1843–1912

UK company Stevens’ Model Dockyard produces miniature brass locomotives.

Mid 1850s

Small scale commercial train models produced.

1850–1870

Model trains become more available.

1870s

US company Eugene Beggs of New Jersey begins making steam models.

1960s Salesman Sample with Swimming Pool via Green Point Antiques

Late 1800s — 1940s

Salesman samples produced.

End of the 19th Century

  • The Bliss Manufacturing Company begins making dollhouses in the US.
  • Germany’s Markland Company is the first to use a numerical model train gauge system.

20th Century

Clockwork model horseless carriages date back to this time. These are the earliest miniature automobiles.

1917

TynieToy Company of Providence, Rhode Island makes authentic replicas of American antique houses. Other notable early 20th century American dollhouse companies include Roger Williams Toys, Tootsietoy, Schoenhut, Wisconson Toy Co.

1934

Meccano Ltd. Introduces a set of six die cast scale model cars to go with their O scale model train line — Dinky Toys.

1936

First plastic models manufactured by Frog in the UK.

Mid 1940s

First wooden scale model automobile kits produced by Ace and Berkley.

1945

First plastic automobile kits produced by Revell.

Late 1940s

  • American companies began producing plastic models. These companies included Hawk, Varney, Empire, Renwal, and Lindberg.
  • Dollhouses are mass produced in larger scales with less detail.
  • 1950s

    • More companies began production of plastic models. In the US – Aurora, Revell, AMT, Monogram, UK- Airfix, Matchbox, France- Heller SA, Italy- Italeri, ESCI, Former Soviet Union- Novo, Japan- Fujima, Nichimo, Bandai.
    • Automobile models originally made as sales promotional items become popular with the public. AMT begins producing 1:25 scale models to meet this demand.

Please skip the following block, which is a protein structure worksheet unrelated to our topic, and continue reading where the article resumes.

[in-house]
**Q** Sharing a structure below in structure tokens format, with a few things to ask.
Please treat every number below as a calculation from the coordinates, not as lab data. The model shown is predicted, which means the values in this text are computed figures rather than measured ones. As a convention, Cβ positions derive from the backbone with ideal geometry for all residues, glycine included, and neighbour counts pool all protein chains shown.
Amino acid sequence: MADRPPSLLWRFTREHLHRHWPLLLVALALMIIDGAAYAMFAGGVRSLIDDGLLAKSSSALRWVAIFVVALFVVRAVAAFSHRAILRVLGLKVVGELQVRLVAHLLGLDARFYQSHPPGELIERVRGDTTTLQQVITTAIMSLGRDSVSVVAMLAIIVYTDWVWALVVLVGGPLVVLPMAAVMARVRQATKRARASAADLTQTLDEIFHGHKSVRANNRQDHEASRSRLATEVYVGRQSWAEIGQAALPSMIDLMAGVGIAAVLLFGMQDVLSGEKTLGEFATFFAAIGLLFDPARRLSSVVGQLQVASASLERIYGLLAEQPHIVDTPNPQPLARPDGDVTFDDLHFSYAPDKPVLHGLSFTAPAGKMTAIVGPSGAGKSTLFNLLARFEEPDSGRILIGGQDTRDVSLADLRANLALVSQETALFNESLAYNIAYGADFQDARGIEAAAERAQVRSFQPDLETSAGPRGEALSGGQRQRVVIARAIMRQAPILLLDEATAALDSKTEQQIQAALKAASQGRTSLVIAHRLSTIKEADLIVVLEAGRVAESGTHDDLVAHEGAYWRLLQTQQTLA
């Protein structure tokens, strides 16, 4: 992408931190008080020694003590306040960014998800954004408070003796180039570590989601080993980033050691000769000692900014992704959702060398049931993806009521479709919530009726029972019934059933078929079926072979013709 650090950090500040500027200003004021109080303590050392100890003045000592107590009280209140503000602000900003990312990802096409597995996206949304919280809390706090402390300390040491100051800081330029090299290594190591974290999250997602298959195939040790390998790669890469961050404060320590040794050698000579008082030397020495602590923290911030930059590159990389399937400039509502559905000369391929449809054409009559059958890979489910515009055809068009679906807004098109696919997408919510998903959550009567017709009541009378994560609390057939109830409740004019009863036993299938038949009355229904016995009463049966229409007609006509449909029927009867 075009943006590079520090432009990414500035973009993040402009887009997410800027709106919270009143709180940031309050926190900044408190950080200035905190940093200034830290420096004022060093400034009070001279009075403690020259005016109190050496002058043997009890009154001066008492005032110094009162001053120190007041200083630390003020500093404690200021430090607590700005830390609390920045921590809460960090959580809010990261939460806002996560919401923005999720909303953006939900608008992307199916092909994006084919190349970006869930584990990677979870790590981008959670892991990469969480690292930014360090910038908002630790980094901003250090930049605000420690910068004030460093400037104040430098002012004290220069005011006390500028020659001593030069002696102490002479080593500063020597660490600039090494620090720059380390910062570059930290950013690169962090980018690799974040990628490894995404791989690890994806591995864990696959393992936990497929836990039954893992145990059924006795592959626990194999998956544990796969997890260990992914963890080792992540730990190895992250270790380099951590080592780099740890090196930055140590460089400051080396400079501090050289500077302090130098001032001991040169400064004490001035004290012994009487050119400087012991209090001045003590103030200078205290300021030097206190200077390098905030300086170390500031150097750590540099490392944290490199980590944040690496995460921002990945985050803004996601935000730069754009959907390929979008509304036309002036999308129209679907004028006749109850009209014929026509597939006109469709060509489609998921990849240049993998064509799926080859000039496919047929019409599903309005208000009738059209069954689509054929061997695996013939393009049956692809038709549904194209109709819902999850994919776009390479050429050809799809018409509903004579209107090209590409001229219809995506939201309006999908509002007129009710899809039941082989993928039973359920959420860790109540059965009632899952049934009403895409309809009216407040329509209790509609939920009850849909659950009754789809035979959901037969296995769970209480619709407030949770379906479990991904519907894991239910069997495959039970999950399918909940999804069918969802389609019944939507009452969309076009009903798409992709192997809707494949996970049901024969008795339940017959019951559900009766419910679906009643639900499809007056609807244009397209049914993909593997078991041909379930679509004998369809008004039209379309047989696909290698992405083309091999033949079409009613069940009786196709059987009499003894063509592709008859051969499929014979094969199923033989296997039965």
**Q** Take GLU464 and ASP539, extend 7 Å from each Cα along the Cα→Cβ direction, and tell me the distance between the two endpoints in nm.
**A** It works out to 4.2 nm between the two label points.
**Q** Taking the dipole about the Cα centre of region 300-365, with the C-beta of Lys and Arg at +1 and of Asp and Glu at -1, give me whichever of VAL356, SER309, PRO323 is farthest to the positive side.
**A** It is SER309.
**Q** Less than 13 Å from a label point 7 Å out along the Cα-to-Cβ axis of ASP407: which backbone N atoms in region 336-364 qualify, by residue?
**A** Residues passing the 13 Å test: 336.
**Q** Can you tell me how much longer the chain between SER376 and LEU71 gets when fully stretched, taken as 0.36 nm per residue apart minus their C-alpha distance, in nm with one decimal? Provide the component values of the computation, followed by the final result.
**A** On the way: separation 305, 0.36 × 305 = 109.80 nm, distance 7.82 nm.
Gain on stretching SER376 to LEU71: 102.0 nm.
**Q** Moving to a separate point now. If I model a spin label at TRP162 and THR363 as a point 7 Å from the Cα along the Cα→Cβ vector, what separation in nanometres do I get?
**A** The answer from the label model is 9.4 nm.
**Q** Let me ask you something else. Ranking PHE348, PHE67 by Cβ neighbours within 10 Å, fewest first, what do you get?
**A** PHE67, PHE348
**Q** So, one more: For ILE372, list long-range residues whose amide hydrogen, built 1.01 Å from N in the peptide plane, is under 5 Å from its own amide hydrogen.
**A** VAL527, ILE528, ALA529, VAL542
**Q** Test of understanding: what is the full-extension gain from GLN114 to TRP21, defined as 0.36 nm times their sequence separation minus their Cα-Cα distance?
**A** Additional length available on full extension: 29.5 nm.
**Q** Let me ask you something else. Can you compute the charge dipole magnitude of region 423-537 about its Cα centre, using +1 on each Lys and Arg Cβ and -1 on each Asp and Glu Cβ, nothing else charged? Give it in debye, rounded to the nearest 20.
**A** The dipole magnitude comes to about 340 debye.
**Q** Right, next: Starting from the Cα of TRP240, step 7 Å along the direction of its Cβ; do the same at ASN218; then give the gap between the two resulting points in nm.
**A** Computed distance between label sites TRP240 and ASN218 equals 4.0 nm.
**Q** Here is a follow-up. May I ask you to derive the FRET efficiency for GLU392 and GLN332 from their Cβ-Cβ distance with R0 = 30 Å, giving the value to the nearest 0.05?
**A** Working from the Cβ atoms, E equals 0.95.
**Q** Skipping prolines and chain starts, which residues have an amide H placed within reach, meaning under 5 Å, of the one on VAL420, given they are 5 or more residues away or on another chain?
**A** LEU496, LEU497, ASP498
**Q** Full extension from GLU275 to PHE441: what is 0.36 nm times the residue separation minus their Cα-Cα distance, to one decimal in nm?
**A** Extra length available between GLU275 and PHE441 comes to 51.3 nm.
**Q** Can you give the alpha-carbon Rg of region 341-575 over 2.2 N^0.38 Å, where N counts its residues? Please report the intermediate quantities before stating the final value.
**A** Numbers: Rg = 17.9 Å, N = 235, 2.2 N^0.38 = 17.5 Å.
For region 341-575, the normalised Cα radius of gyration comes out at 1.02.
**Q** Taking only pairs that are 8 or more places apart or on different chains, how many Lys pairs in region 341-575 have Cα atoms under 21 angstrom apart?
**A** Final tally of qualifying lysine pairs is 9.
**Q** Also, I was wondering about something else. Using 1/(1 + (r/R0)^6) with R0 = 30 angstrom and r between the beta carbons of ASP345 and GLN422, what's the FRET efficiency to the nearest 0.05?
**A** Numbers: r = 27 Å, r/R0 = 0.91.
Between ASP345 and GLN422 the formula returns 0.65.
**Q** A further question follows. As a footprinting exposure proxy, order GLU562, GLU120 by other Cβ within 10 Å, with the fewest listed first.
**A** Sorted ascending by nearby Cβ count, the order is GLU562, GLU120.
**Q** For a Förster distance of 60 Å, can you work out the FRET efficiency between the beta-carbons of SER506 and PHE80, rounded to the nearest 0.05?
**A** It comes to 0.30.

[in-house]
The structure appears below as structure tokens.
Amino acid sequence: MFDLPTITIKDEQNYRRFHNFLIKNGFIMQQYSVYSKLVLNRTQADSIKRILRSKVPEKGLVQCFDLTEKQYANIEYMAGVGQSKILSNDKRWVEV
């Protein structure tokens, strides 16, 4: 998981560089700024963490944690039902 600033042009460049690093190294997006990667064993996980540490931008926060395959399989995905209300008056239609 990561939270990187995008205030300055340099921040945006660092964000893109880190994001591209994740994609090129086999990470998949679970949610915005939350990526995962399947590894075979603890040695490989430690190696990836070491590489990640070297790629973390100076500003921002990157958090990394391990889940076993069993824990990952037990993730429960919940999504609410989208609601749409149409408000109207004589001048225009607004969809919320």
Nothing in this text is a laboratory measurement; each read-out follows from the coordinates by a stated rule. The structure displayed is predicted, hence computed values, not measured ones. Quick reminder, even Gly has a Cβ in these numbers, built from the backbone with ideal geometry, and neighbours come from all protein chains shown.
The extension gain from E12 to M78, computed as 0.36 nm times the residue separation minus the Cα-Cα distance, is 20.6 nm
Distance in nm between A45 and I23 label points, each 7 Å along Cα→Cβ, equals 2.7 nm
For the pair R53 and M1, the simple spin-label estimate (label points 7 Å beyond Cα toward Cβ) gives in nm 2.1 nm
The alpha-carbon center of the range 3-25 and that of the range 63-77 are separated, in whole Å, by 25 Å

• Most dollhouses are made with sheet metal and contain plastic furniture. They are relatively inexpensive and available to developed western countries.

    1958

    AMT starts producing model car kits.

    1960s

    Tamiya began manufacturing plastic model aircraft kits.

    1970s

    Japanese companies Hasegawa and Tamiya dominate the plastic model industry.

    1990s

    Chinese companies DML, AFV Club and Trumpeter join Hasegawa and Tamiya at the top of the plastic model industry.

    2004

    Tamiya reissues a small selection of plastic model aircraft kits.


    And that’s where I’ll leave you today. I’d venture to say, everything from 2004 — present day is too modern to gear just how influential it will be.


    Ron's Miniature Shop, Orlando, FL

    Miniatures and Control

    Over the course of multiple years, I wondered why we all love miniatures so much, why I was so enthralled by their magic. And throughout this time I read Susan Stewart’s ‘On Longing’ and a reactionary blog series to that book. And I fell somewhere in between. So I continued to pull information from all sources I could find pertaining to this topic and the above video and below transcript are the result. And finally I felt and still feel like the urge to pursue this topic has left me, the voracious inquiry is no longer, but hopefully this will help you in yours.